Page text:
不要把配置文件放到你的 Git 代码仓库 已翻译 100%
I am perpetually amazed by the lack of curation found in private git repositories. Taking a look at a git repo after taking on a new contract is one of the moments I dread the most. To be sure, there is a spectrum of acceptable files to be included in a git repository. But there is also best-practice; optimization for developers and deployment.
Aside from the fact that committing extraneous files can significantly increase the download time when cloning a repo, there are many reasons to avoid committing certain files. For non-technical founders, feel free to use this as a guide to make sure your team is sensibly committing code.
Do not include your compiled files or binaries in a git repository! Binaries (or executable files) will almost always be operating-system-dependent. This will cause major headaches if you have some developers using Macs, some using Windows, and some using Linux - or any combination of alternate OSes. This can even cause problems within different versions of the same operating system.
Furthermore, git is not well suited to compare versions of binaries. Developers committing compiled files will often create annoying merge conflicts that disrupt the "typical" (or. at least, best-case) flow of a pull request. The best choice is to store the source, and let each developer compile it locally or use a build server and common test machine.
As a final note, do not include compiled files that are not binaries either because these files will be storing redundant data and therefore needlessly increase the size of the git repo.
These kinds of files are actually stored as binary files so the same rules as above do apply here. However, when the alternative is to have some share server and pull the multimedia assets in during deployment, it is certainly easier to leave these files in the repository. Furthermore, there are certainly good reasons (read: file-insurance) to commit these kinds of files. However, since git stores the entire binary each time it changes, these files will definitely bloat the size of the repo - especially if they change frequently.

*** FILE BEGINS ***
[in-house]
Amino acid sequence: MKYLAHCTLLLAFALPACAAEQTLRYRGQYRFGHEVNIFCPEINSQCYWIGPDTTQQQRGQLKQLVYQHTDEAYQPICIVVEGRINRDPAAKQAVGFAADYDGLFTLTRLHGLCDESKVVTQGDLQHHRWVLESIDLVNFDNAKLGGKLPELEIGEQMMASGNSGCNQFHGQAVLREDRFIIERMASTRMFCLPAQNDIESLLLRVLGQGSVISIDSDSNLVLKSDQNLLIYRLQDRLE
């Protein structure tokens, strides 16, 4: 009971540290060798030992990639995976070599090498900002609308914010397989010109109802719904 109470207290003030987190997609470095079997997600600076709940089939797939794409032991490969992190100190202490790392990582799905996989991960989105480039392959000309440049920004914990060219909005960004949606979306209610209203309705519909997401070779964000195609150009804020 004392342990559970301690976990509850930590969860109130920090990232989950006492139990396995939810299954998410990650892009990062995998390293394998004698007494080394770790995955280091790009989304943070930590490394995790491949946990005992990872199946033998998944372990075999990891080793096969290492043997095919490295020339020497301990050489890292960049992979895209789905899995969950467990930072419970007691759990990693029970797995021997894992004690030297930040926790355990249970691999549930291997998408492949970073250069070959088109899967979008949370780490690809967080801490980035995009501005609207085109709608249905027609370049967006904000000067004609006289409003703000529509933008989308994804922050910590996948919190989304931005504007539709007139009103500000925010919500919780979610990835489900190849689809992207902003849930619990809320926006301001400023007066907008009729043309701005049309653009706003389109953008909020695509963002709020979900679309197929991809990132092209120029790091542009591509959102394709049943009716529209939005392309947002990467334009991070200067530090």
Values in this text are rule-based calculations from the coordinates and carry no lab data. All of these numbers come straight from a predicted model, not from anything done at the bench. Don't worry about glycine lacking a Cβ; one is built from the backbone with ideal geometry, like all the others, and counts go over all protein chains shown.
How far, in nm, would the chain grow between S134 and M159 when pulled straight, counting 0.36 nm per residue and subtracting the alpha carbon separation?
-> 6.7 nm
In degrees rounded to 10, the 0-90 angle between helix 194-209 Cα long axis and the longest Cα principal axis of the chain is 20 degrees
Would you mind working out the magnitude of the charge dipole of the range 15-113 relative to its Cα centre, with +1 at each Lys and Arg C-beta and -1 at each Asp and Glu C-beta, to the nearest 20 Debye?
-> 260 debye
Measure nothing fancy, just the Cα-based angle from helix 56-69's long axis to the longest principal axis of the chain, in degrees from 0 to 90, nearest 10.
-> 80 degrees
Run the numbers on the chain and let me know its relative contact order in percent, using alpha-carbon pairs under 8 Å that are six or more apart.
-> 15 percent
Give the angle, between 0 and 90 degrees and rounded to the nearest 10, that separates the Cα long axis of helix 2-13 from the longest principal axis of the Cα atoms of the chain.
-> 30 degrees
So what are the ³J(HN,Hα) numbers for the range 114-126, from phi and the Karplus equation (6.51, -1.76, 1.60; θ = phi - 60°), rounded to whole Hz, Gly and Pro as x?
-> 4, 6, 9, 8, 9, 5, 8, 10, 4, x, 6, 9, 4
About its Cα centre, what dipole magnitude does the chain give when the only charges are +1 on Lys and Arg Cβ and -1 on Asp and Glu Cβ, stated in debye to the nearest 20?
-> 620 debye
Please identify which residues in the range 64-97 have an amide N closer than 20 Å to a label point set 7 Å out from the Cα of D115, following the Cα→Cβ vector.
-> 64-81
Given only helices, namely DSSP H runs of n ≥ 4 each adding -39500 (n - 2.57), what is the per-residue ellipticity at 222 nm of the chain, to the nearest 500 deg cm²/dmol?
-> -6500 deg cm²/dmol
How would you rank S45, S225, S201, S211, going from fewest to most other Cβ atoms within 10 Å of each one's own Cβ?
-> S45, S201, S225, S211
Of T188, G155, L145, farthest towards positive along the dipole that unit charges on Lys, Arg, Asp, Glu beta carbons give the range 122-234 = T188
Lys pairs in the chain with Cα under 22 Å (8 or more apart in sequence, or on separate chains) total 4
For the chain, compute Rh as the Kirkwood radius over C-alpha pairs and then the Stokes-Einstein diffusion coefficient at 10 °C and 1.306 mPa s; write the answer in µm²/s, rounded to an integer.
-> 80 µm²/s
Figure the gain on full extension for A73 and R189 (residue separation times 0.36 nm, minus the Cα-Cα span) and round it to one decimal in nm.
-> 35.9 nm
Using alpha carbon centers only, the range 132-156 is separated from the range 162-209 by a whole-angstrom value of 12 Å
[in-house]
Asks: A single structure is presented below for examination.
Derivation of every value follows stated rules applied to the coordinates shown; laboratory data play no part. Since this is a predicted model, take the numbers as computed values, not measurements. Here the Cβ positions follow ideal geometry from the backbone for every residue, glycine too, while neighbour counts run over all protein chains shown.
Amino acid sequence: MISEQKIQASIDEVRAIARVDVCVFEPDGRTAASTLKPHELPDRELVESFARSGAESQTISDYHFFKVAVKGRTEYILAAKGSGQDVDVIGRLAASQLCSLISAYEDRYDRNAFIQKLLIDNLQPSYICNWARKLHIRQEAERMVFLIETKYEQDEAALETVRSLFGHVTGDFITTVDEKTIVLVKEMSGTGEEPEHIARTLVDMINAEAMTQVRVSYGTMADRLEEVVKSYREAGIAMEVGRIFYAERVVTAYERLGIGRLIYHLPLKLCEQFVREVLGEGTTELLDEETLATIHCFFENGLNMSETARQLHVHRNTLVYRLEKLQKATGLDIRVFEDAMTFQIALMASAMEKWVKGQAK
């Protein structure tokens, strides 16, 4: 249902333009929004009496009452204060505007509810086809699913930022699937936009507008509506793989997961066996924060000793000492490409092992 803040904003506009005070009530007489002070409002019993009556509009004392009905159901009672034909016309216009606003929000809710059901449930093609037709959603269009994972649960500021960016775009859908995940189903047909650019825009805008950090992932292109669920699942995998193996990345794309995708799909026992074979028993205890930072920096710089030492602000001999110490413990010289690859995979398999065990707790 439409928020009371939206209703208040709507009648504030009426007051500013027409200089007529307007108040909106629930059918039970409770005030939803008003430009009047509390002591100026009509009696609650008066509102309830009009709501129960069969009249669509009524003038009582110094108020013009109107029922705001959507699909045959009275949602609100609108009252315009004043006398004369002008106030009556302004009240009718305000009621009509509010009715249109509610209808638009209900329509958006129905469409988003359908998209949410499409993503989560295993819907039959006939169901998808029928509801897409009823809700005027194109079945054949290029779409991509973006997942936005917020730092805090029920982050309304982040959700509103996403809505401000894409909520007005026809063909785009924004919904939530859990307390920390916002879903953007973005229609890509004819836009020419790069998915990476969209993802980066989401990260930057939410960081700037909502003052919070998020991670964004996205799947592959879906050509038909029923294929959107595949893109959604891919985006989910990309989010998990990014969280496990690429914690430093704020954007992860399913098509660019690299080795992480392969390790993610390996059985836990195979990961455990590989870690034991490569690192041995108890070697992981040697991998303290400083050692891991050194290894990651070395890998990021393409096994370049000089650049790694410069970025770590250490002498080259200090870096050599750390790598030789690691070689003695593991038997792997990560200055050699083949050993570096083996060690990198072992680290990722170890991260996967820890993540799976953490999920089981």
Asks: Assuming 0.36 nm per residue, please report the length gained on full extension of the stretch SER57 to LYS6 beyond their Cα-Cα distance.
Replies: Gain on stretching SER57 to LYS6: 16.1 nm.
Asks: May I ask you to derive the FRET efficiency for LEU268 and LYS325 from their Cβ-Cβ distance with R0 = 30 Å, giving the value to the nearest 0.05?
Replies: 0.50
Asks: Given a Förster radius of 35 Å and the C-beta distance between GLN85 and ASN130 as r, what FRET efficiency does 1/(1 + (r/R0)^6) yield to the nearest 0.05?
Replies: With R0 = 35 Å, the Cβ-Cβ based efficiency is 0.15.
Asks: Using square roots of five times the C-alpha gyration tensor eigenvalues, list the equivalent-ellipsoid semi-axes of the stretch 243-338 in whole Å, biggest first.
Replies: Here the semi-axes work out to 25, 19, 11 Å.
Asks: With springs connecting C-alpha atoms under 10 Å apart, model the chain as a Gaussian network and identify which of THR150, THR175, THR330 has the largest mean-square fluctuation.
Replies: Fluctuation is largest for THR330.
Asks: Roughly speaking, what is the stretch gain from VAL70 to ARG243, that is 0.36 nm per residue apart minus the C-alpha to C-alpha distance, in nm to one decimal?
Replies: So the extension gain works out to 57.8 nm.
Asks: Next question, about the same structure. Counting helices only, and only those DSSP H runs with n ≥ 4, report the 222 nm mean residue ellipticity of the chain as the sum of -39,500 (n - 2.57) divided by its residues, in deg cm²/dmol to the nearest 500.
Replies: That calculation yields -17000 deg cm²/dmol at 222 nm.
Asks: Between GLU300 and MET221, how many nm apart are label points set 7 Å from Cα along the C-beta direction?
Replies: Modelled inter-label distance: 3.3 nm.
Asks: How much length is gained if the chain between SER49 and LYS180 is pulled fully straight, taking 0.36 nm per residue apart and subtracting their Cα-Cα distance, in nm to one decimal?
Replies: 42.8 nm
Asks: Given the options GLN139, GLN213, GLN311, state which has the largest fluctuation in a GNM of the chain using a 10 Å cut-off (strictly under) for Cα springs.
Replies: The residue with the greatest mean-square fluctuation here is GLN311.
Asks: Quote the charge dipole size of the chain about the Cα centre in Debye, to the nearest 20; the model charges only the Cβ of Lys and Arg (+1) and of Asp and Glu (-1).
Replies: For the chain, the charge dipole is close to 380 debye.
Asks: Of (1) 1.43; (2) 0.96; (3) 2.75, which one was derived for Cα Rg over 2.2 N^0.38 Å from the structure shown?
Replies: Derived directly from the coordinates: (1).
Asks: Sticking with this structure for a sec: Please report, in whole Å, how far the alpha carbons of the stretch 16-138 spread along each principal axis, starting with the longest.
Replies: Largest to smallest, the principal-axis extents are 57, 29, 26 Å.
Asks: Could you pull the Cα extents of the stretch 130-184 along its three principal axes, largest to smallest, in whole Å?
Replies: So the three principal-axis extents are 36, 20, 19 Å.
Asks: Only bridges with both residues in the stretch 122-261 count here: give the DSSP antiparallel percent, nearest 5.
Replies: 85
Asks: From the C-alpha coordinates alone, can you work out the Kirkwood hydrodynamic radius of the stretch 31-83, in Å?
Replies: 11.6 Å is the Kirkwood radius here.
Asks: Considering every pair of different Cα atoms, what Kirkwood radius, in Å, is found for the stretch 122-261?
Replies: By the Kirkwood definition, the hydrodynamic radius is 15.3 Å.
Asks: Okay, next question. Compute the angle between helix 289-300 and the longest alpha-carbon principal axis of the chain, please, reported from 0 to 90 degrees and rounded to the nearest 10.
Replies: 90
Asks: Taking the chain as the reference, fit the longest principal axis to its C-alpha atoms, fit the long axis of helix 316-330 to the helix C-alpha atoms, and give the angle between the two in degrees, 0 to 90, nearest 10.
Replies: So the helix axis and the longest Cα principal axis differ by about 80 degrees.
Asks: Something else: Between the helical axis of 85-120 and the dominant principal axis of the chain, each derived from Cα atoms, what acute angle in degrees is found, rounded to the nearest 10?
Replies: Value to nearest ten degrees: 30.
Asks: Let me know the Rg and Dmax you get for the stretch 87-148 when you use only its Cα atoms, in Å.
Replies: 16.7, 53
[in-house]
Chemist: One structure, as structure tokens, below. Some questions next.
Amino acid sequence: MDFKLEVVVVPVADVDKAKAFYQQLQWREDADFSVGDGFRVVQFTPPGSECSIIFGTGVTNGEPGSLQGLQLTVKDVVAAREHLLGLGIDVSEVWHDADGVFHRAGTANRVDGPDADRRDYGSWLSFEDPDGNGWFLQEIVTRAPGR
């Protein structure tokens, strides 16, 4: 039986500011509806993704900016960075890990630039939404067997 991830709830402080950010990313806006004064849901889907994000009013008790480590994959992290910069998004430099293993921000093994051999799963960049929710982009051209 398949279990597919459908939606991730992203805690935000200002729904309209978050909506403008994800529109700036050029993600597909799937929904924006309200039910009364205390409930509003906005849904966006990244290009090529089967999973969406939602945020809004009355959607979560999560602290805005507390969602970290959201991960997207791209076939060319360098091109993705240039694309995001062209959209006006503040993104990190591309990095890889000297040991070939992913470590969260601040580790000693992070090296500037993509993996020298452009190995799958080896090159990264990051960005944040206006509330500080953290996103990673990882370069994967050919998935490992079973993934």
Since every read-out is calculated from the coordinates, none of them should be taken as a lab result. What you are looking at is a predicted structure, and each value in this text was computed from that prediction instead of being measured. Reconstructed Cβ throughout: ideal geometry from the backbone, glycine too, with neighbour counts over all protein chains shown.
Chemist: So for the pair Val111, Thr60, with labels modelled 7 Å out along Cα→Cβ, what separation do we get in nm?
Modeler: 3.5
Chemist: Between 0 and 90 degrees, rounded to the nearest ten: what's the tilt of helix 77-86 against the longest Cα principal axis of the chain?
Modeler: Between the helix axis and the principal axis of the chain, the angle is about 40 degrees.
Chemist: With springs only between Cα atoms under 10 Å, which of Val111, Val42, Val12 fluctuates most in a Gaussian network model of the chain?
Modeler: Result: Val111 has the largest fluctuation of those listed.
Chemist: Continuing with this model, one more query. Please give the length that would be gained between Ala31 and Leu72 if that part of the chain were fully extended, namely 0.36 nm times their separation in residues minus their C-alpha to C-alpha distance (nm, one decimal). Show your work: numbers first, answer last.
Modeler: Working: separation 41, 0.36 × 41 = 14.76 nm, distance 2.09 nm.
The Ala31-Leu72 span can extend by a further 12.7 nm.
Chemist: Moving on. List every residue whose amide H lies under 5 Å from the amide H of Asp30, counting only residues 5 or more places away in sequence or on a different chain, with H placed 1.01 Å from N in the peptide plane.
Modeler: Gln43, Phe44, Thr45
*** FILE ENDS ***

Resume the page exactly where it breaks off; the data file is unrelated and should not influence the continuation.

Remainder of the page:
Do not include downloaded dependencies in a git repository! This includes Python packages or Node modules or Bower components. Instead, include references to the dependencies such as a "requirements.txt" file for Python/Pip or a "package.json" file for Node. Even dependencies in an interpreted language (like Python or Node) will often be compiled/installed in system-specific ways. This will also make developing on different systems/architectures painful. If the dependency references are committed, then each developer can grab the dependencies after the repo has been cloned.
Pro-tip: make sure "node_modules", "bower_components", "env", and "target" are all in your .gitignore if applicable.
Do not include configs in your repository! Even if you are completely confident that your hosting service will never be hacked to expose your passwords and connection information, it can still be painful for developers. Configs can often be machine-specific, especially if developers do not use VMs or Docker containers for development. This will mean constant fighting (intentional or not) in git over who's config is most important. Do yourself a favor and keep configs out of the repo.
OS-specific hidden files and 3rd-party artifacts
This section is primarily looking at you, OS X. For instance, committing ".DS_store" files will not impress your Linux-using coworkers. In general, adopting a gitignore strategy of ignoring all files beginning with a dot (hidden files) is a safe bet. I personally use this to simplify my gitignore by using ".env" as my virtualenv and ".config.json" as my config file, for example.
Finally, if you are using any 3rd-party file system tools, make sure they are not leaving hidden files or folder artifacts in the git repo. Most likely these files are completely irrelevant to the repository and other machines.
The bottom line is, be thoughtful of other developers on the project. The .gitignore file is your friend.